The home of these birds is principally among the common reed (Arundo phragmites), which grows in such profusion on large pools and lakes, along the banks and in the backwaters of many rivers, in canals, and in all marshy ground where there is a sufficient depth of water. And owing to the fact that reeds grow in such dense masses, the habits of this species are at all times very difficult to study. Even at the commencement of the season, before the young reeds have attained to any height, it is by no means easy to keep one individual continually in view, and if this is not done some small incident, unimportant perhaps in itself, may escape observation, without which, however, an accurate interpretation of, its actions may be impossible. When the nest is built and the parents are incubating or tending their young, their habits are the more easily studied, for they are not shy nor retiring like so many species, but rapidly overcome any diffidence they may at first show when a human being is near the nest. It is even possible to cut away the reeds immediately surrounding the nest so that an uninterrupted view of their actions may be obtained, without in any way exciting their suspicions or hindering in the least a proper carrying out of their parental duties.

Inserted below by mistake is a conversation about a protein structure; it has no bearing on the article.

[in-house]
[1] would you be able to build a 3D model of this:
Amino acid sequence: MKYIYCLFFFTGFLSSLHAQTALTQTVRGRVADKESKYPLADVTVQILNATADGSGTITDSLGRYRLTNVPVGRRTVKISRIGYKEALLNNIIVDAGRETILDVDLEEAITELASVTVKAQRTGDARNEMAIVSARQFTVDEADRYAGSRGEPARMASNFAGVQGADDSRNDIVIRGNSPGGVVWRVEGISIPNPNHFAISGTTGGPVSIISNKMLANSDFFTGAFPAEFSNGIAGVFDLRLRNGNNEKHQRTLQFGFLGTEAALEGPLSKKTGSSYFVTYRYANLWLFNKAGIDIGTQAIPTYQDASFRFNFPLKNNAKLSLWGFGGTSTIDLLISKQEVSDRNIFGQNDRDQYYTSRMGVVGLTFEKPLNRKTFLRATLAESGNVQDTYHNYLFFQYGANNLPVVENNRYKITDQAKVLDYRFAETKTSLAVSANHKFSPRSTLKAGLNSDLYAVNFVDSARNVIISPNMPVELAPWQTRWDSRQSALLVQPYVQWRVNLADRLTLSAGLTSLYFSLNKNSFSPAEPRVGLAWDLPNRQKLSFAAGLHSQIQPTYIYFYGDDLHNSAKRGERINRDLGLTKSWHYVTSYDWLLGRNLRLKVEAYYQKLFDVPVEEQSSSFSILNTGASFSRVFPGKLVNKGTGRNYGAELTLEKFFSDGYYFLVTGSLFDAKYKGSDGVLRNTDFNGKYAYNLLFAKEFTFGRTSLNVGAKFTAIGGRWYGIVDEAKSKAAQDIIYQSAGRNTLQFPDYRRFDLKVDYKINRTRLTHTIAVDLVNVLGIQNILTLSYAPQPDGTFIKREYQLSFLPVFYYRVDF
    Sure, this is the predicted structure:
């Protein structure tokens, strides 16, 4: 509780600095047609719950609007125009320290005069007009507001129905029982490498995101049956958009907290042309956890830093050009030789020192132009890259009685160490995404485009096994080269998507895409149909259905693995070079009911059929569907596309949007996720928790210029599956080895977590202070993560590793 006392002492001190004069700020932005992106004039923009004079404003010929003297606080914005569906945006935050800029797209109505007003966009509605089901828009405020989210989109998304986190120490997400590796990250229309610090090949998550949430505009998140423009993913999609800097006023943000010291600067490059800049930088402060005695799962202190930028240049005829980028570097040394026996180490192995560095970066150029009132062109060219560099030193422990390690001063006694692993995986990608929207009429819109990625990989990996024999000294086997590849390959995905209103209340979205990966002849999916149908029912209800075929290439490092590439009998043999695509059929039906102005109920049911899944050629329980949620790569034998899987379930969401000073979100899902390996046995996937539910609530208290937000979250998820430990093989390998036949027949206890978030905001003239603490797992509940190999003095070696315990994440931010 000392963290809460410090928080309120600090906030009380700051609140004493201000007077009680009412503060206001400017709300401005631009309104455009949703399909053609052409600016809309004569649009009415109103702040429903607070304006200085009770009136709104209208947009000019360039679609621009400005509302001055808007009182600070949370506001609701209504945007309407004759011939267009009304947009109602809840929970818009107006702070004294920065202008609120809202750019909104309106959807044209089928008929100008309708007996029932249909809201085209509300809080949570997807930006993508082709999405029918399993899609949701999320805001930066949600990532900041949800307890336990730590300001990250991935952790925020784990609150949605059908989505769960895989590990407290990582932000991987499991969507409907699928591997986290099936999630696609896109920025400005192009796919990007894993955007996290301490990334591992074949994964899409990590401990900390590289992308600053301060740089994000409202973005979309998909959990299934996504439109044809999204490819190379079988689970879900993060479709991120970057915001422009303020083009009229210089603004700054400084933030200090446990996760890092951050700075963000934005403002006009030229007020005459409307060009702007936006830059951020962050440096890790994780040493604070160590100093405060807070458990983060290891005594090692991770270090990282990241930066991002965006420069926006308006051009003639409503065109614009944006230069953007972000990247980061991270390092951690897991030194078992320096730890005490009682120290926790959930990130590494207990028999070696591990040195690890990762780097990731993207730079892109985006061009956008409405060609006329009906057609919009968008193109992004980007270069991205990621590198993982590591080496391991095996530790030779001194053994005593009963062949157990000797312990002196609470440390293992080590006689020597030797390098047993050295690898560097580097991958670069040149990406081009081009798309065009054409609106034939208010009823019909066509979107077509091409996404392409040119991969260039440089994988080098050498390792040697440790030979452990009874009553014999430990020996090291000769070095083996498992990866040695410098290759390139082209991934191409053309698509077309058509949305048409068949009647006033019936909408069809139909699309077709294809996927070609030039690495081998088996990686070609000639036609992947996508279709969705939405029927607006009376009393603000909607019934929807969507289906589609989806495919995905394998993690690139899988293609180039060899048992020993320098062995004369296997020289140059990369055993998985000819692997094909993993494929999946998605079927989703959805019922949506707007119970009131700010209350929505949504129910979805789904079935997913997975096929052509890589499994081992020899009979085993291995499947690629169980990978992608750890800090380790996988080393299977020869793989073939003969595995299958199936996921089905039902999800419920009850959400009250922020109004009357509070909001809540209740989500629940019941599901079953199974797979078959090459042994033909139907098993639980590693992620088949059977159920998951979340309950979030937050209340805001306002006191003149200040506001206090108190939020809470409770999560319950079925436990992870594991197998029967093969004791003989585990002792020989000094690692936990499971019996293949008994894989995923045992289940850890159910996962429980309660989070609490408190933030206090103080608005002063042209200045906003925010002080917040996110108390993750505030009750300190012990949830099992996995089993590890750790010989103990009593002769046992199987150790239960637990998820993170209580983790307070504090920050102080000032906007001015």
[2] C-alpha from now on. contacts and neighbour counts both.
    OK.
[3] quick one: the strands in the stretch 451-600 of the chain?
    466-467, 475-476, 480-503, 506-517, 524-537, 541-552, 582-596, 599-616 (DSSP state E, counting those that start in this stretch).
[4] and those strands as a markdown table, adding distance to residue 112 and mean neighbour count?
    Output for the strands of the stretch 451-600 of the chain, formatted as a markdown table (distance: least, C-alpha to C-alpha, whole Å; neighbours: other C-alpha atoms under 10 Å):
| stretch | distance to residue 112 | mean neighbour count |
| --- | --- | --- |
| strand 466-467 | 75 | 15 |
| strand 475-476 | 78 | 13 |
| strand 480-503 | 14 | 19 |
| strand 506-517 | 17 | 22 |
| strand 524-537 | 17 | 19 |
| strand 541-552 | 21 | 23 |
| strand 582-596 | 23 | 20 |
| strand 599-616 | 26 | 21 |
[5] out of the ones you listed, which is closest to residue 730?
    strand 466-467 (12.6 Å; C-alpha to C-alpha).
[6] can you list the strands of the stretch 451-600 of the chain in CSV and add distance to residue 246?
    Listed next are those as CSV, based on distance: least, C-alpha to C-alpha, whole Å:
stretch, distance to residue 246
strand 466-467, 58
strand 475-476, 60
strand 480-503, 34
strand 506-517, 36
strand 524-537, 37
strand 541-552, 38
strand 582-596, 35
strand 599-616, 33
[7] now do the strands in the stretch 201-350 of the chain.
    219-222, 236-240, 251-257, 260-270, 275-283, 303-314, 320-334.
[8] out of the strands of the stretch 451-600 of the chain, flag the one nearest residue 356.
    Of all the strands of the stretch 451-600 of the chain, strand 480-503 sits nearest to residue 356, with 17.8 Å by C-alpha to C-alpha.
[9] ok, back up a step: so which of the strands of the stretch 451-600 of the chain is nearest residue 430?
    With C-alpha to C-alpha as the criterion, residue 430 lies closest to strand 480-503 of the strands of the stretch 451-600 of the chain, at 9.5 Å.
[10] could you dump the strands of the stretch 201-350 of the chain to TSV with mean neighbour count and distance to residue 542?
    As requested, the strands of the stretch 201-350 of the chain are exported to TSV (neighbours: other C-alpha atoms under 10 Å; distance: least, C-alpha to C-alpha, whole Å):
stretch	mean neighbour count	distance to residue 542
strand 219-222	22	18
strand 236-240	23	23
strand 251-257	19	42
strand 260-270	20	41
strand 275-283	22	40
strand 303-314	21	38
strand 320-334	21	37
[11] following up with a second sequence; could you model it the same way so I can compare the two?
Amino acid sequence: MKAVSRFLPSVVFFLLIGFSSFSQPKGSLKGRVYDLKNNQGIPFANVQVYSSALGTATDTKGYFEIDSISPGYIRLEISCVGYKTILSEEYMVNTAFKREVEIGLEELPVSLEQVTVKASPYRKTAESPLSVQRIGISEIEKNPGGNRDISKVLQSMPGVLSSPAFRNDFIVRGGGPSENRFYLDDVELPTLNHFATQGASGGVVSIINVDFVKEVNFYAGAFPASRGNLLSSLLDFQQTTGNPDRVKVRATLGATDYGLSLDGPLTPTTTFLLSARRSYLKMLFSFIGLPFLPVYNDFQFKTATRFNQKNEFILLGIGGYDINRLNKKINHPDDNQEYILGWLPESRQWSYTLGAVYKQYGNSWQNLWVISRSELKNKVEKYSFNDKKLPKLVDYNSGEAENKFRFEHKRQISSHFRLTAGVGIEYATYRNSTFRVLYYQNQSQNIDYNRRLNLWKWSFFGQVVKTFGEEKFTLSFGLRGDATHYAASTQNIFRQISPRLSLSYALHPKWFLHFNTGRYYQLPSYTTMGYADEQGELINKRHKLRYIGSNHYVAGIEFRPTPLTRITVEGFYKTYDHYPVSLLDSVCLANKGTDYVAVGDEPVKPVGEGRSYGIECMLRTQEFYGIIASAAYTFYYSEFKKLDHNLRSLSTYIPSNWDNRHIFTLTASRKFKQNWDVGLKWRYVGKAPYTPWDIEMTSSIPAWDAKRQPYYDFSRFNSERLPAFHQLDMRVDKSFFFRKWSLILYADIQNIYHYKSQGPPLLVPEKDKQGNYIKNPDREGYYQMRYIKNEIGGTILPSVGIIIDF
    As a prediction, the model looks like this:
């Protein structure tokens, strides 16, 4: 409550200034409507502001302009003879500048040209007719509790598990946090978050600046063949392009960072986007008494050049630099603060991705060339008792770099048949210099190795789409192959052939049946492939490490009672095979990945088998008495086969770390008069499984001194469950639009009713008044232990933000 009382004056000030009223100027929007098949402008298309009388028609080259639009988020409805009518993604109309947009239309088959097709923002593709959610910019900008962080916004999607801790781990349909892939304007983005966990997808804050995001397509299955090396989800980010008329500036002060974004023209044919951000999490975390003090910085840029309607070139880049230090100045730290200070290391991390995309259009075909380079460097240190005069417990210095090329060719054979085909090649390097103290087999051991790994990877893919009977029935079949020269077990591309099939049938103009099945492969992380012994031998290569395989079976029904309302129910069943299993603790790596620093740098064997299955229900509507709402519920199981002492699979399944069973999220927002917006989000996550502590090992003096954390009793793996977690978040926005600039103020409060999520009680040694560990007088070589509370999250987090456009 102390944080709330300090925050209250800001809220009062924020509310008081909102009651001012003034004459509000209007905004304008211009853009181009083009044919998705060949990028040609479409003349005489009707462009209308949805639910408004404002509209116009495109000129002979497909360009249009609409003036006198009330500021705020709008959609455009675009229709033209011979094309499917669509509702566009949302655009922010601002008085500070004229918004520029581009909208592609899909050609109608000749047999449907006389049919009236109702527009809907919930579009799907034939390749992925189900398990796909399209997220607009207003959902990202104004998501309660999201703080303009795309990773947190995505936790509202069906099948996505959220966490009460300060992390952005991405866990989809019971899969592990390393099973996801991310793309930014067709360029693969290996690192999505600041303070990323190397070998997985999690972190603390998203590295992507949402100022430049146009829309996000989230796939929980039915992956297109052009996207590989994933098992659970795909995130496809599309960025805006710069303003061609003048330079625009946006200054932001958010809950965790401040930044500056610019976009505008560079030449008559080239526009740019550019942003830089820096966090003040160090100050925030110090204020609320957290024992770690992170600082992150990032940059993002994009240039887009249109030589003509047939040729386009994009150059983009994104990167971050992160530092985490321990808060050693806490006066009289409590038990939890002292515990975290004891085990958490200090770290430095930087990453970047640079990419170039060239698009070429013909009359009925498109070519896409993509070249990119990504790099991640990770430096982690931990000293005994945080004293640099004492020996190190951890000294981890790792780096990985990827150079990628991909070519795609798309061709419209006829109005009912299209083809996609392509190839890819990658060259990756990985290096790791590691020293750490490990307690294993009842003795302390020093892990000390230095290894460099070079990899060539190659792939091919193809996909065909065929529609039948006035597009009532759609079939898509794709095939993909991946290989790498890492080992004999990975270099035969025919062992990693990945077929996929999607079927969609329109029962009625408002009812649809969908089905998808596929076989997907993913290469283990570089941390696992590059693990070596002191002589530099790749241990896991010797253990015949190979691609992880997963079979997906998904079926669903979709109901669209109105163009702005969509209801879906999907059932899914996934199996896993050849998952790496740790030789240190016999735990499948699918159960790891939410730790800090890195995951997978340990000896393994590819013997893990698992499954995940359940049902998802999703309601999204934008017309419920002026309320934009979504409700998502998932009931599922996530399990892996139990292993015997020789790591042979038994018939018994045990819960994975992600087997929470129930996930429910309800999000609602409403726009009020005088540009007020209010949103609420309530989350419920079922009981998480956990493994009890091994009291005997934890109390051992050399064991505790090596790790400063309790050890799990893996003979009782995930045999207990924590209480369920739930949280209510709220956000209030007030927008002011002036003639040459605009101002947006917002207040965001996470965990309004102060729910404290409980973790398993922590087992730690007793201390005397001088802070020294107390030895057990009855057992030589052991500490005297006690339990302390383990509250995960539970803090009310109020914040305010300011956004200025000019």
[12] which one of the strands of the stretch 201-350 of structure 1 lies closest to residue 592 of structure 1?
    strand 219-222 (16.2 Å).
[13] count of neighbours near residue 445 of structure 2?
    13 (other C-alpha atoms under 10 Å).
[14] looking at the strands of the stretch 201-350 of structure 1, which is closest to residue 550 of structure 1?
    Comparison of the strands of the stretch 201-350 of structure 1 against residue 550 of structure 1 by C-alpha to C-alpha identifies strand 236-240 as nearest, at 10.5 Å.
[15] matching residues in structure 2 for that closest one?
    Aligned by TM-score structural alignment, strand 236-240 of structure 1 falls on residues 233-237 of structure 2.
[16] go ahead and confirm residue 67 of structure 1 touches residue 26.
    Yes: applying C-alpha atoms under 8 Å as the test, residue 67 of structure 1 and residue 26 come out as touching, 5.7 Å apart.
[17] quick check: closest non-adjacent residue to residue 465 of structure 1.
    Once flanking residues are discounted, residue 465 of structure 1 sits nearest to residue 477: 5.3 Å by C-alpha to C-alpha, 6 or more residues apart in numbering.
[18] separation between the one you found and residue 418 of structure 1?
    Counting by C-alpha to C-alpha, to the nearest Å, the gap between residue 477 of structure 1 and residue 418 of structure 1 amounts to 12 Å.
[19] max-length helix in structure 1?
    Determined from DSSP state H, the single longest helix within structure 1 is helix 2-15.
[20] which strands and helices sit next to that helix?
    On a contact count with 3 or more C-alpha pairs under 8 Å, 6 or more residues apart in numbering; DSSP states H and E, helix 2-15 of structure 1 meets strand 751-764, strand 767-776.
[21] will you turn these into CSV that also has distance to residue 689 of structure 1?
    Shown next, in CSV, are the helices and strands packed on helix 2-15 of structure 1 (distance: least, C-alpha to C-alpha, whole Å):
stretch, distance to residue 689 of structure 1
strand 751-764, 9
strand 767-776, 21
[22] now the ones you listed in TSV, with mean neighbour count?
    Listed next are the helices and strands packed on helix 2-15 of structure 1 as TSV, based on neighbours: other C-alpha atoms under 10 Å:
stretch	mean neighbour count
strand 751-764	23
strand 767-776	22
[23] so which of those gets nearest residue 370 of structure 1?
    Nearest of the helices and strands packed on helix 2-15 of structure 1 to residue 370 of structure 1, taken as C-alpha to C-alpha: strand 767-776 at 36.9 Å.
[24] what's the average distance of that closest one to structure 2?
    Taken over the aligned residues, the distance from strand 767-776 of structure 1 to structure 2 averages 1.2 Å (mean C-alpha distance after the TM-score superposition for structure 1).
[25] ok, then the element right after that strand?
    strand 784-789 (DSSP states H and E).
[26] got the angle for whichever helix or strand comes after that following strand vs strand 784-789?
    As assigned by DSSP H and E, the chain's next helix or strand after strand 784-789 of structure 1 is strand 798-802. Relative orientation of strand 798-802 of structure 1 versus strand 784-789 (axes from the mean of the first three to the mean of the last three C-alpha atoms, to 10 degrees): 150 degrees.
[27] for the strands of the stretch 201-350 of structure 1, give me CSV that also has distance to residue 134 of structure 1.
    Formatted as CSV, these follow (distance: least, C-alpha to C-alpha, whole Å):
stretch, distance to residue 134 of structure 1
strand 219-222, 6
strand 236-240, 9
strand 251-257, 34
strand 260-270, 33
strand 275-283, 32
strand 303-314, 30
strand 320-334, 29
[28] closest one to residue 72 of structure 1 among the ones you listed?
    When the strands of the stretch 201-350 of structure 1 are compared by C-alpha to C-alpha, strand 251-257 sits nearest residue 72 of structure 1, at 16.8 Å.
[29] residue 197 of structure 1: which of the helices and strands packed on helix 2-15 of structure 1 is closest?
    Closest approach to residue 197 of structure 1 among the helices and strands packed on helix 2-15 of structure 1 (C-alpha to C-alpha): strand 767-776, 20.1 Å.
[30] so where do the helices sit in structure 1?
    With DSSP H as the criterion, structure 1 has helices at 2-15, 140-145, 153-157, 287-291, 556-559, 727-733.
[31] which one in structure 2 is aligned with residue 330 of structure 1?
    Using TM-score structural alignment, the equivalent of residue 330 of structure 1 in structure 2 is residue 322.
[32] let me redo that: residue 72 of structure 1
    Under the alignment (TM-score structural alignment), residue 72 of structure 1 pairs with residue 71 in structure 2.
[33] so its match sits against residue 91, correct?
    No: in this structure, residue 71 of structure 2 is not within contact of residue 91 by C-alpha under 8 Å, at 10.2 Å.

In the Midland counties their arrival may be expected during the first week in May; this remark refers to the forerunners of the band of migrants, which appear to be always males. The migratory movement as a whole is peculiarly erratic and somewhat difficult to understand; not that the time of advent of the first males varies very much, but that males and females intermingled continue to arrive, and to pair so long as there is sufficient territory, for some weeks after the arrival of the first male. It is sometimes suggested that the advent of the first individuals depends upon the state of growth of the reeds. Perhaps this may be true when a comparison is made between the dates of arrival in countries some distance apart, but the difference in the